Sunday, February 12, 2006

A Letter that Didn't Make it into the Jerusalem Post

Your editorial (Descent into violence, Feb. 2) asserts that "the use of force by Israeli citizens against Israeli security personnel is unacceptable. In a democracy, the government retains, and must always retain, a monopoly on the use of force". A monopoly, yes but not an exclusivity I maintain. In a democracy, no citizen should yield up his rights completely.

For example, if an observer had seen a policeman senselessly beating an unarmed citizen and endangering his life, a citizen who was posing no physical threat to the officer of the law and was acting in an obvious non-violent manner, would not that observer be justified in using force to halt that activity? Are not policemen servants of the law, not its masters?

Neither am I referring to Amona. Not yet. I am referring to situations we are all aware of at Birmingham, Alabama 50 years ago and I am referring to Dharasna, India some 80 years ago. Police violence is not an unknown factor in our societies. Illegal police violence is also a recorded fact. "Bull" Connor's dogs galvanized support for the civil rights campaign. British police beating non-violent activists to death during the Free Salt campaign of Gandhi weakened their imperial rule in India.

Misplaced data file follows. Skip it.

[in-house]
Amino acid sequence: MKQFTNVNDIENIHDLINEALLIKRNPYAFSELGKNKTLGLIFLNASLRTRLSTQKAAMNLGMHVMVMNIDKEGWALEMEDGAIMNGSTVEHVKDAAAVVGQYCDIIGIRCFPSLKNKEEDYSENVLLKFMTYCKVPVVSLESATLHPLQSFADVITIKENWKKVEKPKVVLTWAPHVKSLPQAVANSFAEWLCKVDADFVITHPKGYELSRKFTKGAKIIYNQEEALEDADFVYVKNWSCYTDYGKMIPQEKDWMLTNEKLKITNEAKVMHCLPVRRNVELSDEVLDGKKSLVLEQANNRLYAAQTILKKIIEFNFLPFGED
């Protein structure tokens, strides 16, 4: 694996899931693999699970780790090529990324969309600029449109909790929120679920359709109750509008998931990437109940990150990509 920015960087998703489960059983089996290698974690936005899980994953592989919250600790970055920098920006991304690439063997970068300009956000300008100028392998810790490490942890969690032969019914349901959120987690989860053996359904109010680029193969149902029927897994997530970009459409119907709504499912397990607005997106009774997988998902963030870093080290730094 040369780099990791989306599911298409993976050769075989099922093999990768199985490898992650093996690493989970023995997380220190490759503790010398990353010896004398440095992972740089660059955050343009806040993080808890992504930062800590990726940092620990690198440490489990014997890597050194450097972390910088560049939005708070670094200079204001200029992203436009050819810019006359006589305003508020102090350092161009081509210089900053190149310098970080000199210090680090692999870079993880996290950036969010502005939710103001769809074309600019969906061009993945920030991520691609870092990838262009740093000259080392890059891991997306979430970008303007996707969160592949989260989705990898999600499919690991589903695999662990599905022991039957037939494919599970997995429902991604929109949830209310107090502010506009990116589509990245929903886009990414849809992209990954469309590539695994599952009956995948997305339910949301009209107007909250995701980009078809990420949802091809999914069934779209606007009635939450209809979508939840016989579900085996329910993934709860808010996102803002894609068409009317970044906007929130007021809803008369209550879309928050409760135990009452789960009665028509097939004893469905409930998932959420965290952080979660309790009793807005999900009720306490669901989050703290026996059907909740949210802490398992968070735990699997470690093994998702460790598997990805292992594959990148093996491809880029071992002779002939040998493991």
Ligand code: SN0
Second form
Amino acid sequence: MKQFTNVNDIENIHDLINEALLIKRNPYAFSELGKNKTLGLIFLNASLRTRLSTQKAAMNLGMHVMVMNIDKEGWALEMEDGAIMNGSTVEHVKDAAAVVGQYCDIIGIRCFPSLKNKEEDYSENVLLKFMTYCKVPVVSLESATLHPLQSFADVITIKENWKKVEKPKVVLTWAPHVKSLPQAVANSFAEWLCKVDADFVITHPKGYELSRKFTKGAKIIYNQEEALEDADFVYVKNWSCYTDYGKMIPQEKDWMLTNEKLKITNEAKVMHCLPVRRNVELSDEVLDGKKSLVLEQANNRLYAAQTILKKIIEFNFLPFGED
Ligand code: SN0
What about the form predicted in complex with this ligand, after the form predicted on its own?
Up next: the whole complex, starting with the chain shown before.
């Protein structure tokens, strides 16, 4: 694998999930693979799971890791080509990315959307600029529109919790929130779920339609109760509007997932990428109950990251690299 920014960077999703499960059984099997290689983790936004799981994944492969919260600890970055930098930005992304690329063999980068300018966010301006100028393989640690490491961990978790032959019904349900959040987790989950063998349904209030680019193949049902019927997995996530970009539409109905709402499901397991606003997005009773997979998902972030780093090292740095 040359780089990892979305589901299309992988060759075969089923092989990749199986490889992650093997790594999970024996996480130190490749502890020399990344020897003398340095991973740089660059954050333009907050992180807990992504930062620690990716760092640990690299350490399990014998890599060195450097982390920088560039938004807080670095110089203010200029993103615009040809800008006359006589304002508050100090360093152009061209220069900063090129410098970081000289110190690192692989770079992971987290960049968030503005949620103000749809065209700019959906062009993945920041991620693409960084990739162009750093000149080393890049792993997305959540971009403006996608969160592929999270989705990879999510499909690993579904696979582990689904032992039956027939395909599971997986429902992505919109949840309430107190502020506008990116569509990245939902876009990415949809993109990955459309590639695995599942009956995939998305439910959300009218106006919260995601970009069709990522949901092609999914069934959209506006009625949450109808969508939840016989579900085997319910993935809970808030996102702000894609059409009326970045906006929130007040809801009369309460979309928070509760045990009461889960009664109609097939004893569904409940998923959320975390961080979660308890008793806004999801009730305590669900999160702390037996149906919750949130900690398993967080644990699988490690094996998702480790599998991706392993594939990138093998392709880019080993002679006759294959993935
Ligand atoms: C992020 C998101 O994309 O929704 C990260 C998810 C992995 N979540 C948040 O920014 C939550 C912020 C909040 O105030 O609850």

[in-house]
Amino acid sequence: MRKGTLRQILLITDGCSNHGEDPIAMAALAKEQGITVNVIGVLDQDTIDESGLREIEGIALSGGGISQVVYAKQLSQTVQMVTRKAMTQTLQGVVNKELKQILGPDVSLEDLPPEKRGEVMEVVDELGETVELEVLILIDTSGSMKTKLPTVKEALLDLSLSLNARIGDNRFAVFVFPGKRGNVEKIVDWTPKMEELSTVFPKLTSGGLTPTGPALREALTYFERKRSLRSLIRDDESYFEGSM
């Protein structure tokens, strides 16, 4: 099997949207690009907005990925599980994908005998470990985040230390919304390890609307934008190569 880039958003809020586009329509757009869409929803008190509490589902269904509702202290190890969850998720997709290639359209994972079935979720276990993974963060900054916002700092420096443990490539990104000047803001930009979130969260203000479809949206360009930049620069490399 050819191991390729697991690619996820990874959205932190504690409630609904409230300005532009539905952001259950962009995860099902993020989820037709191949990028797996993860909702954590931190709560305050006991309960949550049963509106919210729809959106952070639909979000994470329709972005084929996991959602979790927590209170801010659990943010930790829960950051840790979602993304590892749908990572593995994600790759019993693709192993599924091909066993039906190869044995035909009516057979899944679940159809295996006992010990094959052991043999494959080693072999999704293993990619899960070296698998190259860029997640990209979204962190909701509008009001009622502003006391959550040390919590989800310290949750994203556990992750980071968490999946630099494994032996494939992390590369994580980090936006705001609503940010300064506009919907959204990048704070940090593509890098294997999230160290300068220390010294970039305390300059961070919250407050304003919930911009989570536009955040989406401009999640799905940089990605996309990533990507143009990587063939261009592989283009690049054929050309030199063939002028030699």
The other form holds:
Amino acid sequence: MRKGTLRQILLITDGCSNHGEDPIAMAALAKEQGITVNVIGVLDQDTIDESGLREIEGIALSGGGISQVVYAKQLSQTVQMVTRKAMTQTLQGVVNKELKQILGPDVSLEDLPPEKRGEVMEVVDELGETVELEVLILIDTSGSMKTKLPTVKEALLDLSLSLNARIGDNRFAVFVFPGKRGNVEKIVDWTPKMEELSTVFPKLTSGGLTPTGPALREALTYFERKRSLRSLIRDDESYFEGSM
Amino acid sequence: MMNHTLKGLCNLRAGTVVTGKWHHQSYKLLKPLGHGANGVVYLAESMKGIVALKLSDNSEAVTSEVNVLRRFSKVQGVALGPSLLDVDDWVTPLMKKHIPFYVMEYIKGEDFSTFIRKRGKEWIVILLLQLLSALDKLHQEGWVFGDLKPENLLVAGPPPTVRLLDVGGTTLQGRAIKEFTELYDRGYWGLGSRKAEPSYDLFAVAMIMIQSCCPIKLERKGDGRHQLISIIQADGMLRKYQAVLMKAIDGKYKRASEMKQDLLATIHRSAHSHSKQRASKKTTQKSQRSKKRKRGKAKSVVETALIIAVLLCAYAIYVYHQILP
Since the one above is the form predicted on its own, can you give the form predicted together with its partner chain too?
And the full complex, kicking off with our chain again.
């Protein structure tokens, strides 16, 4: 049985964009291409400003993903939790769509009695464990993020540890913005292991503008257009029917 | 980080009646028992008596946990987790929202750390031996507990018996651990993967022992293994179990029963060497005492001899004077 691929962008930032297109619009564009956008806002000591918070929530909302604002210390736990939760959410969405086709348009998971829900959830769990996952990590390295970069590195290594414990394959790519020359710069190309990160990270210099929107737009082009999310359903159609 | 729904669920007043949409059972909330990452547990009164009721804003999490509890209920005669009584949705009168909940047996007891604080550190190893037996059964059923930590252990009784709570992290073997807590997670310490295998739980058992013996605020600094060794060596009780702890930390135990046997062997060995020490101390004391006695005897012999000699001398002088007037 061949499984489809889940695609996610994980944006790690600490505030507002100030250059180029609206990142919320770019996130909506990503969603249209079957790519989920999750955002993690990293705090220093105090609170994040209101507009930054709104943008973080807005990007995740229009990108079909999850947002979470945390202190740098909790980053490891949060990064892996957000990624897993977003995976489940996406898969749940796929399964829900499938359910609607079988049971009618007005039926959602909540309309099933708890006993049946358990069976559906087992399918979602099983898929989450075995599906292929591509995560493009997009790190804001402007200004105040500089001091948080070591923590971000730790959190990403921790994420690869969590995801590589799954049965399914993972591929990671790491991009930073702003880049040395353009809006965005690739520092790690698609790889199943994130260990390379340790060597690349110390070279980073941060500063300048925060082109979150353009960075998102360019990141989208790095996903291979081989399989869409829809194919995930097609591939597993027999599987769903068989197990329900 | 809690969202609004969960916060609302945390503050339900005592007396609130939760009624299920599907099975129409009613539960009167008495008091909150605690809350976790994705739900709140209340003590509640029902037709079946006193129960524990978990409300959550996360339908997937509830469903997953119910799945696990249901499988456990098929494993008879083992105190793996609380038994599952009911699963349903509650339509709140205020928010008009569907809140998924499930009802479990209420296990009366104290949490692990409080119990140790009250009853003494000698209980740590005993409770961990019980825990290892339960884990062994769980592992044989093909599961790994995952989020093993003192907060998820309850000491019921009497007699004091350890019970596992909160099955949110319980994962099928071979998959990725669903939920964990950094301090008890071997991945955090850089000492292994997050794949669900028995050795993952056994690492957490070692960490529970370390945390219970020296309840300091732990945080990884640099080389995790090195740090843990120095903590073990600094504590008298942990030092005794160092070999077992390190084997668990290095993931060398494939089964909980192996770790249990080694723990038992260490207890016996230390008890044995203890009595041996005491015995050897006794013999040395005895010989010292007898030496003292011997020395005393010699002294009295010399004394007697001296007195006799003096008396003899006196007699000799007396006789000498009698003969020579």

All of our newspapers commented on the unnecessary use of force by the police at Amona to the extent that citizens' lives were at stake. The video tapes and still photographs attest to that. The throwing of objects at the police by those under attack was in response, an unfortunate one, illegal and counterproductive one, true. Nevertheless, if the Yesha community and its supporters are to be vilified, why not appoint an inquiry commission to make sure that all violent people, demonstrators and police, meet their just punishment?

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